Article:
• Choosing an Accounting System: An accounting system can save you from a lot of mess. You need to keep track of every penny you spend and earn and file your taxes on time.
  • Choosing the Right Location: Many industry giants started in a garage or the bedroom of their owners. You need to decide what kind of setup and equipment you need and where you can work from.
  • Setting up a Team: You may choose to hire employees or outsource some of the work to different contractors. Even if you are a solopreneur, you might need a support team to help you with your household chores or a mentor who can offer you advice, motivation, and reassurance when you need it.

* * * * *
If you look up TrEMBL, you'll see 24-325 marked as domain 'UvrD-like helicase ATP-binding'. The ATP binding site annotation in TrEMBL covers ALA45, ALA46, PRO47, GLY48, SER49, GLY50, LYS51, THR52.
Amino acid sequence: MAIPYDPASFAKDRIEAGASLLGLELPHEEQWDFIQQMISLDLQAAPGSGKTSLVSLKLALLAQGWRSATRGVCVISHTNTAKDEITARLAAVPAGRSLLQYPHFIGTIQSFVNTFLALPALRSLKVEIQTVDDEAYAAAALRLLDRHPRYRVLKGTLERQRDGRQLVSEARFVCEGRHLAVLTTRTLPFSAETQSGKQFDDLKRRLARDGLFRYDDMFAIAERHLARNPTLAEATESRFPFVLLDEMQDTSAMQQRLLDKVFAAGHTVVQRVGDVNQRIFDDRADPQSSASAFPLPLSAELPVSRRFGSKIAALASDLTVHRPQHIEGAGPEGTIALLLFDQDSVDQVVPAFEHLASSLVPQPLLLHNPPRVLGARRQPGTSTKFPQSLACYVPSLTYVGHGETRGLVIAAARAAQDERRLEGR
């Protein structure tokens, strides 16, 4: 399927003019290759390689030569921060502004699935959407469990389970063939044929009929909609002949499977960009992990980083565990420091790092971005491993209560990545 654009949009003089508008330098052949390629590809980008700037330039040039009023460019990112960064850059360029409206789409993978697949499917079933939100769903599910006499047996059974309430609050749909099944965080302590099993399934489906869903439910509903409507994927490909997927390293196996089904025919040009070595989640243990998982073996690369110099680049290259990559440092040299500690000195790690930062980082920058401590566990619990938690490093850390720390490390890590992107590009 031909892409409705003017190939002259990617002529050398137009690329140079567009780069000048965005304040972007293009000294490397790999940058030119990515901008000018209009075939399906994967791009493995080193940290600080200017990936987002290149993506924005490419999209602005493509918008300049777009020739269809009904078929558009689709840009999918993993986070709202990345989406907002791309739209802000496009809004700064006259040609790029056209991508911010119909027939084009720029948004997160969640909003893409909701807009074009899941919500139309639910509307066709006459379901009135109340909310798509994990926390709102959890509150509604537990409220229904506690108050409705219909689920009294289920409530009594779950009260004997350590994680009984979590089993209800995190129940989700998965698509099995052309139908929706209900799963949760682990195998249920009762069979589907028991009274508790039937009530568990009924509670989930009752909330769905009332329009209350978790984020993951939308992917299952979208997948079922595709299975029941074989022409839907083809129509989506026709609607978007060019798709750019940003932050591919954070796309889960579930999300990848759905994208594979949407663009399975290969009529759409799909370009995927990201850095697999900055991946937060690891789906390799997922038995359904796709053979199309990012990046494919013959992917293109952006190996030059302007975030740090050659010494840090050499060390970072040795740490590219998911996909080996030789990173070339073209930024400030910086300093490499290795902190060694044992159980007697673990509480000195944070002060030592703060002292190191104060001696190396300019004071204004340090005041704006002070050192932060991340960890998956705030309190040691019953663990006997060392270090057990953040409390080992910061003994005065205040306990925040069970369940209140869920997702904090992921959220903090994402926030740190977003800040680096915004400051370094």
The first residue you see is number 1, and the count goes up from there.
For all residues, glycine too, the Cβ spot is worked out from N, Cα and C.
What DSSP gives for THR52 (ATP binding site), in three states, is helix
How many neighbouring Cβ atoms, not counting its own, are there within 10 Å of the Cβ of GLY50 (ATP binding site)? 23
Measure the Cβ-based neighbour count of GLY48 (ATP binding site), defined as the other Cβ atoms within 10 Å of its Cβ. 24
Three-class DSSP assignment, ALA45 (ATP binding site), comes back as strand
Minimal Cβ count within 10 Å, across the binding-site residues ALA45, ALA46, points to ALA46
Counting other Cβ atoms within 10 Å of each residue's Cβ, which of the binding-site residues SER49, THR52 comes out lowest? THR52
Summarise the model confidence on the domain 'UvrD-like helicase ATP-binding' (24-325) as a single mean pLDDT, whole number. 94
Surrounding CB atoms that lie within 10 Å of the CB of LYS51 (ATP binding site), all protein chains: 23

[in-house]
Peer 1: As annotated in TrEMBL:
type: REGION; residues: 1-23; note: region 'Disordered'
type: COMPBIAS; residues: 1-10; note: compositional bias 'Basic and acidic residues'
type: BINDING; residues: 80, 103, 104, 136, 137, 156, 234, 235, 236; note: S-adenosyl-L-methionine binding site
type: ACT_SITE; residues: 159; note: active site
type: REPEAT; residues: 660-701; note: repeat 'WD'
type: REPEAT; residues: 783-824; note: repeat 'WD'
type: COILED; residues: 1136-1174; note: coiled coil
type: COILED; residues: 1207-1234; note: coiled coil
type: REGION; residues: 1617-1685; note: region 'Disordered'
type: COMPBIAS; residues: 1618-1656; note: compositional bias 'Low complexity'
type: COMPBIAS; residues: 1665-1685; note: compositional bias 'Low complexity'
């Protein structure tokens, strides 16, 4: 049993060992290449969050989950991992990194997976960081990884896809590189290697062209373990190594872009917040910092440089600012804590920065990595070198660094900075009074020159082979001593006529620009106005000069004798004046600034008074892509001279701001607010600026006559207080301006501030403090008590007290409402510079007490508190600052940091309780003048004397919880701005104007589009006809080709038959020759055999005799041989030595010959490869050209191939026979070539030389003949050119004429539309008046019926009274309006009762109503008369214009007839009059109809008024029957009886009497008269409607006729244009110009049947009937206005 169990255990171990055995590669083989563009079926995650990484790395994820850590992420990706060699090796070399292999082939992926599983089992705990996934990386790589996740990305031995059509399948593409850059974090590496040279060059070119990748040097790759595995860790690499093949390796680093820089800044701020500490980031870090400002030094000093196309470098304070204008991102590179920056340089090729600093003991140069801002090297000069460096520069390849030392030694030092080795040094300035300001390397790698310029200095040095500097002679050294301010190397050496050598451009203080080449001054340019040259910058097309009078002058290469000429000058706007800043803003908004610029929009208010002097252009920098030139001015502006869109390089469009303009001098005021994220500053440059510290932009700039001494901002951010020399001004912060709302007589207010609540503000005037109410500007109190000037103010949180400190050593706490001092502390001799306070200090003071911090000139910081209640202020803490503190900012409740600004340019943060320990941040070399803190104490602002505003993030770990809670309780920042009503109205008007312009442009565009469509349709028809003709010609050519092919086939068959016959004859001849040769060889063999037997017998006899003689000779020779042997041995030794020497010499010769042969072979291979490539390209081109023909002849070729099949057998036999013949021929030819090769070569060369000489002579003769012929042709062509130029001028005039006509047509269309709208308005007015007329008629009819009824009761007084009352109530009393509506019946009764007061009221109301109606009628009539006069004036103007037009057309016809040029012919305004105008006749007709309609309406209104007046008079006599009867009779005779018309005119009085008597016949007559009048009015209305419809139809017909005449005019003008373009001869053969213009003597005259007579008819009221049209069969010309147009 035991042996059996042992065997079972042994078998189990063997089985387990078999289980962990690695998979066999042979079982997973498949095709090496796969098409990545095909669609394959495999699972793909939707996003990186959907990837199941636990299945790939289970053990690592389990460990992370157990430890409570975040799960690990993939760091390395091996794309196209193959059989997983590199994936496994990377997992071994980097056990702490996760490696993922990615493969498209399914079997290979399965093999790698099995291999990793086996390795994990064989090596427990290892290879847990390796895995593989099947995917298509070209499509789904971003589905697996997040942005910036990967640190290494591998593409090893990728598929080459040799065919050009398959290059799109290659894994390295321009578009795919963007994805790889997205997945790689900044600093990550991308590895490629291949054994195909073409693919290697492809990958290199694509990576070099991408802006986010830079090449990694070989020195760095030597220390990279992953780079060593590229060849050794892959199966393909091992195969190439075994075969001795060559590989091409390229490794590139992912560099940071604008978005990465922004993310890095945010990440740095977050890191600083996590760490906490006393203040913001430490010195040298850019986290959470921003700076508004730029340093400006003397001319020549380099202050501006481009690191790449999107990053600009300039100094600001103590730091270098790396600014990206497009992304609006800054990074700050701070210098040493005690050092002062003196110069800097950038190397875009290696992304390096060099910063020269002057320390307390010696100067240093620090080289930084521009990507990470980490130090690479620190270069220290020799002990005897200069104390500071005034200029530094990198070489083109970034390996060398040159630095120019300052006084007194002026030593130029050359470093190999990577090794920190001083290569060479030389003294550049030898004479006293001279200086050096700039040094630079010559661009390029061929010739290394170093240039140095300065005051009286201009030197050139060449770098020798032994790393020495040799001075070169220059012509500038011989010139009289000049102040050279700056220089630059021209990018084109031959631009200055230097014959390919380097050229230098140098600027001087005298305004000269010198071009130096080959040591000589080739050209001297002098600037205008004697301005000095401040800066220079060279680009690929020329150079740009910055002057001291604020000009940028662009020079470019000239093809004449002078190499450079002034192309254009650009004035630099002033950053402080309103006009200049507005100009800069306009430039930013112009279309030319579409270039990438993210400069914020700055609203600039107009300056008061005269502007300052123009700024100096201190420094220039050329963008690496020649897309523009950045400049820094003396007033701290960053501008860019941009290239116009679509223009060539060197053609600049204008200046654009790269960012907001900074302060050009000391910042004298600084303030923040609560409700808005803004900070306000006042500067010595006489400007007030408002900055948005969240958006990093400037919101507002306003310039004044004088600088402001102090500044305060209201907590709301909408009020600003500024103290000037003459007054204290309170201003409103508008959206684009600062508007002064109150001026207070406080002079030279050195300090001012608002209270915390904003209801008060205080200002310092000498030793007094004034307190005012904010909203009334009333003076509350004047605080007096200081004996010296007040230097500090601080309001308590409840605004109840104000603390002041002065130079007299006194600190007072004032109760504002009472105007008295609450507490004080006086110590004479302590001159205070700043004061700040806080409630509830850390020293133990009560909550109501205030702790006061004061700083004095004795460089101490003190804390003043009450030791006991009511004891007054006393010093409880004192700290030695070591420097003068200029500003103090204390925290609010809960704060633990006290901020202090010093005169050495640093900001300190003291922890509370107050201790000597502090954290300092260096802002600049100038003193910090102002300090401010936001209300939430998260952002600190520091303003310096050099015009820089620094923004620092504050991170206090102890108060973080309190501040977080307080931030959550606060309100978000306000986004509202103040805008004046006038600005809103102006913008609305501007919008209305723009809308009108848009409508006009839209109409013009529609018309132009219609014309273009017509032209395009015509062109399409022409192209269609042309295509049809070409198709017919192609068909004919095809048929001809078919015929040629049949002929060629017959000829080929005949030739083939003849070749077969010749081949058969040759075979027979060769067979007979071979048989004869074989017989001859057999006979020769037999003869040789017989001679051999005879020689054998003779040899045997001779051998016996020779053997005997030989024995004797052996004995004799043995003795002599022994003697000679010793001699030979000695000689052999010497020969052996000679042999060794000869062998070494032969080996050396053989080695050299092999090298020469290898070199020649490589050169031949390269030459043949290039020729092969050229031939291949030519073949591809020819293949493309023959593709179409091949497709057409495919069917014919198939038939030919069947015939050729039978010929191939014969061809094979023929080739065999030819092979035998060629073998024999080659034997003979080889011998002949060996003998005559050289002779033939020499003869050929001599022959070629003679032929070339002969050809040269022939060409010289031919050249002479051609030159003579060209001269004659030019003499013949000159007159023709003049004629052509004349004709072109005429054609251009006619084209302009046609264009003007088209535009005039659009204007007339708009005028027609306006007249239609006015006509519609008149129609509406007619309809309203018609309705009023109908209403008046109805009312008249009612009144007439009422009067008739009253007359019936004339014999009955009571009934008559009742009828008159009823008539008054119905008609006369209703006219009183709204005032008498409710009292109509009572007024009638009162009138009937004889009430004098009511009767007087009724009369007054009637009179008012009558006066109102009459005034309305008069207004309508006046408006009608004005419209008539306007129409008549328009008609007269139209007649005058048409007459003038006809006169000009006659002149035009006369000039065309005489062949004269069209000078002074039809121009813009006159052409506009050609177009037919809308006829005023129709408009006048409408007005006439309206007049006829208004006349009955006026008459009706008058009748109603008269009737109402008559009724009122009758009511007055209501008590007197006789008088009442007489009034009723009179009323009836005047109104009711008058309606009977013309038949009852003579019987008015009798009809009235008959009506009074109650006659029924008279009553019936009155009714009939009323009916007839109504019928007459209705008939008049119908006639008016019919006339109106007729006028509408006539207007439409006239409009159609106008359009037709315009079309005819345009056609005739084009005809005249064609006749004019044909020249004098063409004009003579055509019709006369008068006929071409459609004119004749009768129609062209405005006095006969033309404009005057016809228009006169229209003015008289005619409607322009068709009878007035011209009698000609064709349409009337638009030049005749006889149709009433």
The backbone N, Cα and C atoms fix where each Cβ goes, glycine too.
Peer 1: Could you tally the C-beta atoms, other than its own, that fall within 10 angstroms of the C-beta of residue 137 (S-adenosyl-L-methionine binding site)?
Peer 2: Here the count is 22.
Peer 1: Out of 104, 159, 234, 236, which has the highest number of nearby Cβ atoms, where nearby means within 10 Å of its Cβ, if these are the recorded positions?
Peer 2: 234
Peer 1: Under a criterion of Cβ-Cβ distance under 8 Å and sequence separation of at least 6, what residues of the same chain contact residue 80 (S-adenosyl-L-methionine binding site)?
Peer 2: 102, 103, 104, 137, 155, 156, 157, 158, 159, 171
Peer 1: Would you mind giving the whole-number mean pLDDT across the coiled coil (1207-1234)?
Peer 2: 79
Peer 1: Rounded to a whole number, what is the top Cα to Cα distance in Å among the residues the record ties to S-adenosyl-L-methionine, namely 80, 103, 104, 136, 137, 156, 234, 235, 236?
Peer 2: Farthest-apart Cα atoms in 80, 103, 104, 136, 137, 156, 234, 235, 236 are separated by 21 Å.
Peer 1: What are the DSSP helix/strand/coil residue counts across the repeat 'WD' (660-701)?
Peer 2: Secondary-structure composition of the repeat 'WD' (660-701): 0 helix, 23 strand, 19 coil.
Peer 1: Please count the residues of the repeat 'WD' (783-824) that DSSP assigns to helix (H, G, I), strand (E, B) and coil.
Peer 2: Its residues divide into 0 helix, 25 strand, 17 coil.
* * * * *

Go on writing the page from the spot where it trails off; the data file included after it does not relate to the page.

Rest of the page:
• Branding and Promotion: Marketing is possible in the smallest of budgets if you know what to do and how to do it. Write a professional press release and distribute it to PR sites and journalists that match your niche. SEO, Social Media Marketing, and Content Marketing are still big parts of the digital marketing game – and you can do them yourself. Search them up on Google if you don’t know how to do it.

In the end, YOU as a founder matters most when it comes to the success of your business. So, stay safe and healthy, and keep working on ways to make the world a better place.

Emma JacksonBusiness
The Corona Virus or COVID-19 outbreak has hurt businesses around the world. The stock markets worldwide have taken a massive hit. The Dow and the FTSE saw their biggest-ever decline in one day since 1987. The worst-hit industries include: the Travel Industry, Airlines, Restaurant Bookings, Car Sales, Investment Banks, and ...